Monday, June 6, 2011

Q: Any Recommendations for the Best Reconstructive Plastic Surgeons Who Do DIEP?

A: Find a plastic surgeon who has done a fellowship in microsurgery and/or who currently does high volume reconstructive microsurgery.

You can usually find a small number of plastic surgeons in a major city, often times at an academic medical center, who perform the DIEP operation or other complex microsurgical procedures on a regular basis.   Having a microsurgery fellowship means that the plastic surgeon spent an additional year (after their usual 6-8 years of training) performing high volume, complex microsurgical cases.  Very often, these reconstructive microsurgeons are members of the American Society for Reconstructive Microsurgery (ASRM) in addition to the American Society of Plastic Surgeons (ASPS)
It is very rare when a DIEP cannot be performed, but it is ultimatley an intraoperative decision as to whether you end up with a DIEP or some variance of a TRAM.   New imaging modalities with CT Angio or Duplex ultrasound can help "map" these vessels and delineate the anatomy better, but there is no guarantee.   Your surgeon will always perform the operation that best suits you and your anatomy, to give you the safest and best result.

The best plastic surgeon for you is the one who is qualified and who understands your individual needs and presents the best options for you.   I welcome you to contact our office at 415 933 8330 to discuss DIEP breast reconstruction, and/or other autologous (self) tissue options.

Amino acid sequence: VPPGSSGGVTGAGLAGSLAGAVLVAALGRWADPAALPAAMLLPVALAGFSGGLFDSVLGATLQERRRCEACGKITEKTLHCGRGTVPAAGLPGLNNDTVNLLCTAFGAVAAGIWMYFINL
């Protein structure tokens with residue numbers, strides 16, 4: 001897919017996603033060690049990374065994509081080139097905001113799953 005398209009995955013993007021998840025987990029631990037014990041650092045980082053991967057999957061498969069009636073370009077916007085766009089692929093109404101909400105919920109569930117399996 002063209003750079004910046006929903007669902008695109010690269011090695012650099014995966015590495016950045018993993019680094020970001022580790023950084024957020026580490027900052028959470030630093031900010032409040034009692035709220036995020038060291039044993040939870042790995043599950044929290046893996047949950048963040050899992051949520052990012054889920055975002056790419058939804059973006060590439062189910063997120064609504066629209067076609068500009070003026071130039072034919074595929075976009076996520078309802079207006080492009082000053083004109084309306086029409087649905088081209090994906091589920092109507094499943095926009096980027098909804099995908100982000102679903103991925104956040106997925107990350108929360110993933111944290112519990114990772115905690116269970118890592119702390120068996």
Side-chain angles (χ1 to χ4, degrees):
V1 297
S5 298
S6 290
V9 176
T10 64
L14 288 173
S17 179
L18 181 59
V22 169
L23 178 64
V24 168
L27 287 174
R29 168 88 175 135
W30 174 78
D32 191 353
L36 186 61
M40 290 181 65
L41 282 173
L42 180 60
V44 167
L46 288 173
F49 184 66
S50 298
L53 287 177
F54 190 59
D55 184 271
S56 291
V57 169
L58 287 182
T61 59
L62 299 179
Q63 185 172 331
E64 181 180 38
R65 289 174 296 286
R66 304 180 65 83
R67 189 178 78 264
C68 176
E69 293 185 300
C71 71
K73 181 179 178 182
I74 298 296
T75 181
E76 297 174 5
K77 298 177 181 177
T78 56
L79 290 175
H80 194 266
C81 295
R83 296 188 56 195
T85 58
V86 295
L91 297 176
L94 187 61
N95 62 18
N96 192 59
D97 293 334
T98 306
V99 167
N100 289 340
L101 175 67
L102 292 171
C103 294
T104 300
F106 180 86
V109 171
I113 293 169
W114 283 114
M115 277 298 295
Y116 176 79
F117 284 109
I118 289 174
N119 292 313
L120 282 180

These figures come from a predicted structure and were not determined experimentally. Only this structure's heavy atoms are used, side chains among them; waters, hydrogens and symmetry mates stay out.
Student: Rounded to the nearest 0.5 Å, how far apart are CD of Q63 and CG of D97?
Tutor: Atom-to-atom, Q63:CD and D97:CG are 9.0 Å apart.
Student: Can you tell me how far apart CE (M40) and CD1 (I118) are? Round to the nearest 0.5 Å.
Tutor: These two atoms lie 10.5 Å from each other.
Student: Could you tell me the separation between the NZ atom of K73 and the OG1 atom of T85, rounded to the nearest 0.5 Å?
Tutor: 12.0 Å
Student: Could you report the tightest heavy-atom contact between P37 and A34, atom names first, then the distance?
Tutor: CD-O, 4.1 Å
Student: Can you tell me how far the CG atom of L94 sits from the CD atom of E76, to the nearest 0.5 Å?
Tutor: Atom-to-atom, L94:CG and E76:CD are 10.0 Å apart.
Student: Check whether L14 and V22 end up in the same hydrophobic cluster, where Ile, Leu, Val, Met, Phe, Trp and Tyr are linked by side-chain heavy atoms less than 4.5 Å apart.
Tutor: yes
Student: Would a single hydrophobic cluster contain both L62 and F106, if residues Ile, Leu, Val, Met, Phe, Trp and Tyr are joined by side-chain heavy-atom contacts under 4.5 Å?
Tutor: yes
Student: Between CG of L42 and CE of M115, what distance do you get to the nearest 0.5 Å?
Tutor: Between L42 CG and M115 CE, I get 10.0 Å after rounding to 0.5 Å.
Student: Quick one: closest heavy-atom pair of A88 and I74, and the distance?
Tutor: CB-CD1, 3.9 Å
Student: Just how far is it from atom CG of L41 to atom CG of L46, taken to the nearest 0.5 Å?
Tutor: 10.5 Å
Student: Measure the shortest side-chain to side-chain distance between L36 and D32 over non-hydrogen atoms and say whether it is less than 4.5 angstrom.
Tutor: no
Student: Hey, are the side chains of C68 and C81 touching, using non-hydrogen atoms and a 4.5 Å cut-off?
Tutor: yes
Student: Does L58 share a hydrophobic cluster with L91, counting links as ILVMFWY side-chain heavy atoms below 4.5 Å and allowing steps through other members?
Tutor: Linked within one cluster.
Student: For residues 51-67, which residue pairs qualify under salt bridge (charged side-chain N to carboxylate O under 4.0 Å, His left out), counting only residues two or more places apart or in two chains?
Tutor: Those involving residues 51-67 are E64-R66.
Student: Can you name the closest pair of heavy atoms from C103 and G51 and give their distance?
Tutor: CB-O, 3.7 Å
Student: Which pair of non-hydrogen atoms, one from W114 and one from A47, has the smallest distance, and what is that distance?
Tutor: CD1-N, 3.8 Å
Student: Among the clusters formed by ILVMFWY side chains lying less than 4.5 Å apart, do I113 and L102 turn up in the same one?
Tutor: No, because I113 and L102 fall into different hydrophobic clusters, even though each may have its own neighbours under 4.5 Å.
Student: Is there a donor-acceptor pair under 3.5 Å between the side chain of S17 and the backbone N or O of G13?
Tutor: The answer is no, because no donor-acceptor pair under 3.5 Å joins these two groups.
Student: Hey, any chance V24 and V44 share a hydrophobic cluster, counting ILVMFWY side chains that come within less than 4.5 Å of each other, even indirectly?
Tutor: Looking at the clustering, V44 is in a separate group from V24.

Do Breast Reconstruction Tissue Expanders Cause Pain As They Expand?

A: Tissue expansion can be uncomfortable, but should not be painful

Tissue expansion of any type can cause some amount of discomfort and is highly dependent upon the volume and the rate of the expansion.    Pain should be a guide as to when the expansion should stop and allow your tissues catch up to the amount of expansion that can be tolerated.  50cc is an average volume of expansion for breast expanders and is usually well tolerated.

Q: Mastectomy and Breast Reconstruction - Can the Procedures Be Combined

A: Combined mastectomy and breast reconstruction is possible

This is similar to the idea of "immediate vs. delayed breast reconstruction."

The combined procedure is possible, and often times, the preferred method of breast reconstruction.   This "immediate" reconstruction allows for the best aesthetic result because the skin of the breast is saved and an implant or "self tissue" (DIEP, TRAM, etc) can be placed inside the original breast pocket.   The general surgeon and plastic surgeon work together with the first surgeon removing the breast tissue and the second surgeon reconstructing the breast in a single stage.  This is the key advantage.  The disadvantage can be wound issues from thin mastectomy flaps and/or unresolved oncologic issues at the time of reconstruction. 

Can Inverted Nipple After Lumpectomy Be Repaired?

A: An inverted nipple can be corrected

The short answer to your question is yes.  Nipple inversion can occur for several reasons after your lumpectomy.  This includes the "inner" scarring that occurs that likely brough part of the nipple with it, causing an inversion.  To fix this, it is important to figure out which parts of the breast caused this:  loss of skin, skin contracture, fat necrosis, infection, radiation, etc.   Once this has been evaluated, then the principle of treating any nipple inversion are used:  release the scar, add more tissue, etc.   Recurrence can be common, so it is best to see a plastic surgeon with significant experience in this area.